Using cell salvage, the reinfusion of red blood cells lost during surgery, did not lead on average to a statistically significant reduction in the rates of blood transfusion needed by all women undergoing caesarean section, according to a study published this week in PLOS Medicine by Khalid Khan from Queen Mary University of London, UK, and colleagues.
Excessive hemorrhage during caesarean sections, one risk of the procedure, requires treatment by transfusion of donated blood components.
In the new study, aiming to determine whether cell salvage could minimize the use of donor blood, researchers randomly assigned 3,028 women at risk of hemorrhage during caesarean section from 26 obstetric units to routine use of cell salvage (intervention group) or current standard of care without routine salvage use (control group).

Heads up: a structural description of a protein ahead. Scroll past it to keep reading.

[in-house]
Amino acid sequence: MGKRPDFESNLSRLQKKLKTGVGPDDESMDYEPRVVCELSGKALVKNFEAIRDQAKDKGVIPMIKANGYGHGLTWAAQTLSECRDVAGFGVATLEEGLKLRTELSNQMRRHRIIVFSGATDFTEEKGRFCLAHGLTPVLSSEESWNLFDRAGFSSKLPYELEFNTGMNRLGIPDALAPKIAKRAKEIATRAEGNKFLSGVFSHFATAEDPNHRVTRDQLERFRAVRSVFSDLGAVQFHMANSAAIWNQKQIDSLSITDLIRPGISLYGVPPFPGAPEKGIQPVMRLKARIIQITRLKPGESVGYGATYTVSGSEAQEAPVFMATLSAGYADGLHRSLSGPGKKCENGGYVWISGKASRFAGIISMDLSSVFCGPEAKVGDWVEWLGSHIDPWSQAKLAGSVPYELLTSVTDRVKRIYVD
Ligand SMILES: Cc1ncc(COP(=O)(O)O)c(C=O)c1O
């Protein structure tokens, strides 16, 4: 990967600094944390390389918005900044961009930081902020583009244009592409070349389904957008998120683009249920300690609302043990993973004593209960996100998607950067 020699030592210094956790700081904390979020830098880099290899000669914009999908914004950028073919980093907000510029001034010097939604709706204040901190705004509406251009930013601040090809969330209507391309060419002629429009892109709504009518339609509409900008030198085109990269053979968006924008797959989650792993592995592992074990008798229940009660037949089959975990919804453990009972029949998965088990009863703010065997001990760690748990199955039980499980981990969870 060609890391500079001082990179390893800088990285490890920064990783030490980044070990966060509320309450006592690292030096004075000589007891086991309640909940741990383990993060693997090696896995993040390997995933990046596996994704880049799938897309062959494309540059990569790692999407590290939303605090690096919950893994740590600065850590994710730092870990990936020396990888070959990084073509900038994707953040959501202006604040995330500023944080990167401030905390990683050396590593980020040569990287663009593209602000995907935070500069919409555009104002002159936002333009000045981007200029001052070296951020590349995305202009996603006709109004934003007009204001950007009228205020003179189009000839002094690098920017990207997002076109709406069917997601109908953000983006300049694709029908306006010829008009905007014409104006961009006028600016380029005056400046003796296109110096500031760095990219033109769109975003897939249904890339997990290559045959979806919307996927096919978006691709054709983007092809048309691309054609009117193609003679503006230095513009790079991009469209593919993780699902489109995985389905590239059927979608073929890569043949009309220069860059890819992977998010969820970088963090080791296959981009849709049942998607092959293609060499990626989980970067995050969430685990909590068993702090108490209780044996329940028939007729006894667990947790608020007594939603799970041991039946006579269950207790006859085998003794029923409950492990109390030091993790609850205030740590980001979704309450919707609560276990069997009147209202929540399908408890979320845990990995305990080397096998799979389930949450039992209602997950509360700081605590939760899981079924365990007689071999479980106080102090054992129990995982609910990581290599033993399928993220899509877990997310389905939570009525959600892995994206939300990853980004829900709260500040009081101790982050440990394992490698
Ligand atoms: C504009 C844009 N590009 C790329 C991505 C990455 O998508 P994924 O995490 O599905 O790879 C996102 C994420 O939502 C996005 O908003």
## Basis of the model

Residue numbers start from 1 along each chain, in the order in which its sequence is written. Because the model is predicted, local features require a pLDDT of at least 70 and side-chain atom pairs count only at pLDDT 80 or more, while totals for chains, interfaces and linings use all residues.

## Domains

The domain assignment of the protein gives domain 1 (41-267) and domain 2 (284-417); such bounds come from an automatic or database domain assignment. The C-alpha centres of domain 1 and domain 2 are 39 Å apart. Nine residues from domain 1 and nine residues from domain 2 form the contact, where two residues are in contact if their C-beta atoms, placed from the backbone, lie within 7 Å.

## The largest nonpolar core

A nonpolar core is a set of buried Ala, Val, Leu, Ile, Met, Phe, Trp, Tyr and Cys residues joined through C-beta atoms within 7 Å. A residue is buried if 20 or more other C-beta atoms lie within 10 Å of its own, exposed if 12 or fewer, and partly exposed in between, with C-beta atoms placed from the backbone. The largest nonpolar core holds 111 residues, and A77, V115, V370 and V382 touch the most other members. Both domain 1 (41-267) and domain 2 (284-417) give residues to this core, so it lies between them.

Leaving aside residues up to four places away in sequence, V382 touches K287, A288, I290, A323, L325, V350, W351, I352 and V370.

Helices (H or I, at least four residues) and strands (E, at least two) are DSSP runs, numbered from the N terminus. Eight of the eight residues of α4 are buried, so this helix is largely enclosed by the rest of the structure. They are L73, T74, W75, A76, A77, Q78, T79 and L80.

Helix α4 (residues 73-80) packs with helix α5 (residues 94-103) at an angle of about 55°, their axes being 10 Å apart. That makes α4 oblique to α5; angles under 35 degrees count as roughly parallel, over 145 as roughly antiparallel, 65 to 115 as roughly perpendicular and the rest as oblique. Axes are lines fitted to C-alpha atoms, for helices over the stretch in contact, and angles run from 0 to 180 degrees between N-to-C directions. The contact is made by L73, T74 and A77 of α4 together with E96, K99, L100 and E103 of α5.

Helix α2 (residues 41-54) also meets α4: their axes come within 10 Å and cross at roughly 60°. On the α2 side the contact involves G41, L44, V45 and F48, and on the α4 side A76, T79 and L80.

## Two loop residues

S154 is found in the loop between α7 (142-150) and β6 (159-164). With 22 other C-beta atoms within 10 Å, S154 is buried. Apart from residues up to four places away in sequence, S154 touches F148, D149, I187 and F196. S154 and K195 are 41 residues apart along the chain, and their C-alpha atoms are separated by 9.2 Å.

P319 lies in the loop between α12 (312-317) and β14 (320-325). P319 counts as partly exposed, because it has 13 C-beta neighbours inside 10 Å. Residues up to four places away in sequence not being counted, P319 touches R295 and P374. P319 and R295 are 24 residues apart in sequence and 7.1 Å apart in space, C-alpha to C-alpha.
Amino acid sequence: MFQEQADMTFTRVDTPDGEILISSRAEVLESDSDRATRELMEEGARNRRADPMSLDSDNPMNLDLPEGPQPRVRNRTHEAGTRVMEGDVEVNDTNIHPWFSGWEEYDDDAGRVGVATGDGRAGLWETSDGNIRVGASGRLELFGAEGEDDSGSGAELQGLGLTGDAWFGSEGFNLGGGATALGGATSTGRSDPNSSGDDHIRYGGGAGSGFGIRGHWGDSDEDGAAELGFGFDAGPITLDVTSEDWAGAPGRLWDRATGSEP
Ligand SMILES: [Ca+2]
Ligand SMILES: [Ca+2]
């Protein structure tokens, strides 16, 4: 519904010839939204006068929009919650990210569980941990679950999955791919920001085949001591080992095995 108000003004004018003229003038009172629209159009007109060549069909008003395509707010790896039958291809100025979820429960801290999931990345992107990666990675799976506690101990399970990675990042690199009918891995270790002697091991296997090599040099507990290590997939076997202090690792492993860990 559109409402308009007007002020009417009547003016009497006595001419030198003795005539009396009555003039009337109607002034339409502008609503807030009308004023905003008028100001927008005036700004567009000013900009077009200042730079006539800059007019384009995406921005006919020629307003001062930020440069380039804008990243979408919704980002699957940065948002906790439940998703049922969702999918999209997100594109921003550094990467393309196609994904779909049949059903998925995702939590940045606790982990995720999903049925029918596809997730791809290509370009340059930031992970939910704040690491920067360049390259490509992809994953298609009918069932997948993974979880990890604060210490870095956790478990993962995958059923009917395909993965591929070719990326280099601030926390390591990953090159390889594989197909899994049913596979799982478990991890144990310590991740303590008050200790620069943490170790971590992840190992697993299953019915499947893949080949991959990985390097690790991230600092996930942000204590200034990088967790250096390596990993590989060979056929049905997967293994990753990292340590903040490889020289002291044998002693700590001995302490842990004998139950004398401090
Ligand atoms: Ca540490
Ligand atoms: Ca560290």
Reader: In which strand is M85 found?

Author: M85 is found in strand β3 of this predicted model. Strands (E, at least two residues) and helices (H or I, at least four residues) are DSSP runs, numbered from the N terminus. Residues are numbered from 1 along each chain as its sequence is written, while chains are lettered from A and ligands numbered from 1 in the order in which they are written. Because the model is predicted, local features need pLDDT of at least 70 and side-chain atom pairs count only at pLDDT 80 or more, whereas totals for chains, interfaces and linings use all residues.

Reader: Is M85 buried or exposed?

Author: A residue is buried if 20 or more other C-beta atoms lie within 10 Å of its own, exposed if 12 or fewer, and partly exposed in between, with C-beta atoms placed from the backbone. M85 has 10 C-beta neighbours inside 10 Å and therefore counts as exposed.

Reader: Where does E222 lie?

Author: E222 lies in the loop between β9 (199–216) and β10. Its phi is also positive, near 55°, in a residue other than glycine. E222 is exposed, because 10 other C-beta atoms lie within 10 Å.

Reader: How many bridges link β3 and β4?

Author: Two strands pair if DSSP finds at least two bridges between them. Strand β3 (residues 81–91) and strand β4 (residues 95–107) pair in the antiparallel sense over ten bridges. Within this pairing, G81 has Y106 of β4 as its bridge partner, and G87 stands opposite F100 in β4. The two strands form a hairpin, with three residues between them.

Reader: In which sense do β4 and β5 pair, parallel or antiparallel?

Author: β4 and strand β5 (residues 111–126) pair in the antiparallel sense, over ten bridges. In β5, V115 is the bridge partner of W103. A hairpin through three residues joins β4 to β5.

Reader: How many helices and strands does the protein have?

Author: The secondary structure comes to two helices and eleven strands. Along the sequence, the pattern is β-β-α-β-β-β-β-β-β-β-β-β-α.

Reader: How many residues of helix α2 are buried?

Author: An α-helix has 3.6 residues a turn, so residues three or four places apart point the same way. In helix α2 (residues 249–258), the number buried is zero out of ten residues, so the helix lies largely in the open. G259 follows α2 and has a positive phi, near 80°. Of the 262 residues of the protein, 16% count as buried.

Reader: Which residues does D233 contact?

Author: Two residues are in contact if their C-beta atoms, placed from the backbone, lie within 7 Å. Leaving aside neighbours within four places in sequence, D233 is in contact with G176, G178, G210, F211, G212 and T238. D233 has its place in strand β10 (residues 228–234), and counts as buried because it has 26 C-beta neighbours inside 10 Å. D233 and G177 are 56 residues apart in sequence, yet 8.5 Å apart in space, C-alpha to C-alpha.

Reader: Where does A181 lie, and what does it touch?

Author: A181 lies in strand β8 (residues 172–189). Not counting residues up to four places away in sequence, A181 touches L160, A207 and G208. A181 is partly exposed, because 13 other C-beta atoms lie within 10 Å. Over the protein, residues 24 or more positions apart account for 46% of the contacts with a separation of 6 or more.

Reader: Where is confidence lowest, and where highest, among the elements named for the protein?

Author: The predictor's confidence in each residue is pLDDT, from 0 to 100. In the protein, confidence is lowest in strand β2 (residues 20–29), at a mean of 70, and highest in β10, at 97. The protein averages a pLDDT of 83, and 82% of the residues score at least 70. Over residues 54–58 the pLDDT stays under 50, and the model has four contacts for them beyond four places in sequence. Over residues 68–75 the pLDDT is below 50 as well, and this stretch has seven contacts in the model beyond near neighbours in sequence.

Donor blood transfusion rates were 2.5% in the intervention group and 3.5% in the control group; the difference was not statistically significant (adjusted odds ratio 0.65; 95% confidence interval 0.42 to 1.01, p=0.056).
In a planned subgroup analysis, the transfusion rate was lower in the intervention compared with control group for women undergoing emergency caesareans (3.0% vs 4.6%, adjusted odds ratio 0.58, 95% confidence interval 0.34 to 0.99), although additional research may be needed to confirm whether cell salvage could be effective in these women.
"There were around 75,250 caesareans carried out in 2013-14 in the NHS. Of these, around 42,500 were emergency caesareans, and these potentially stand to gain from cell salvage" the authors of the study say. "The benefit will depend on the extent to which the potential benefit would represent good value for money."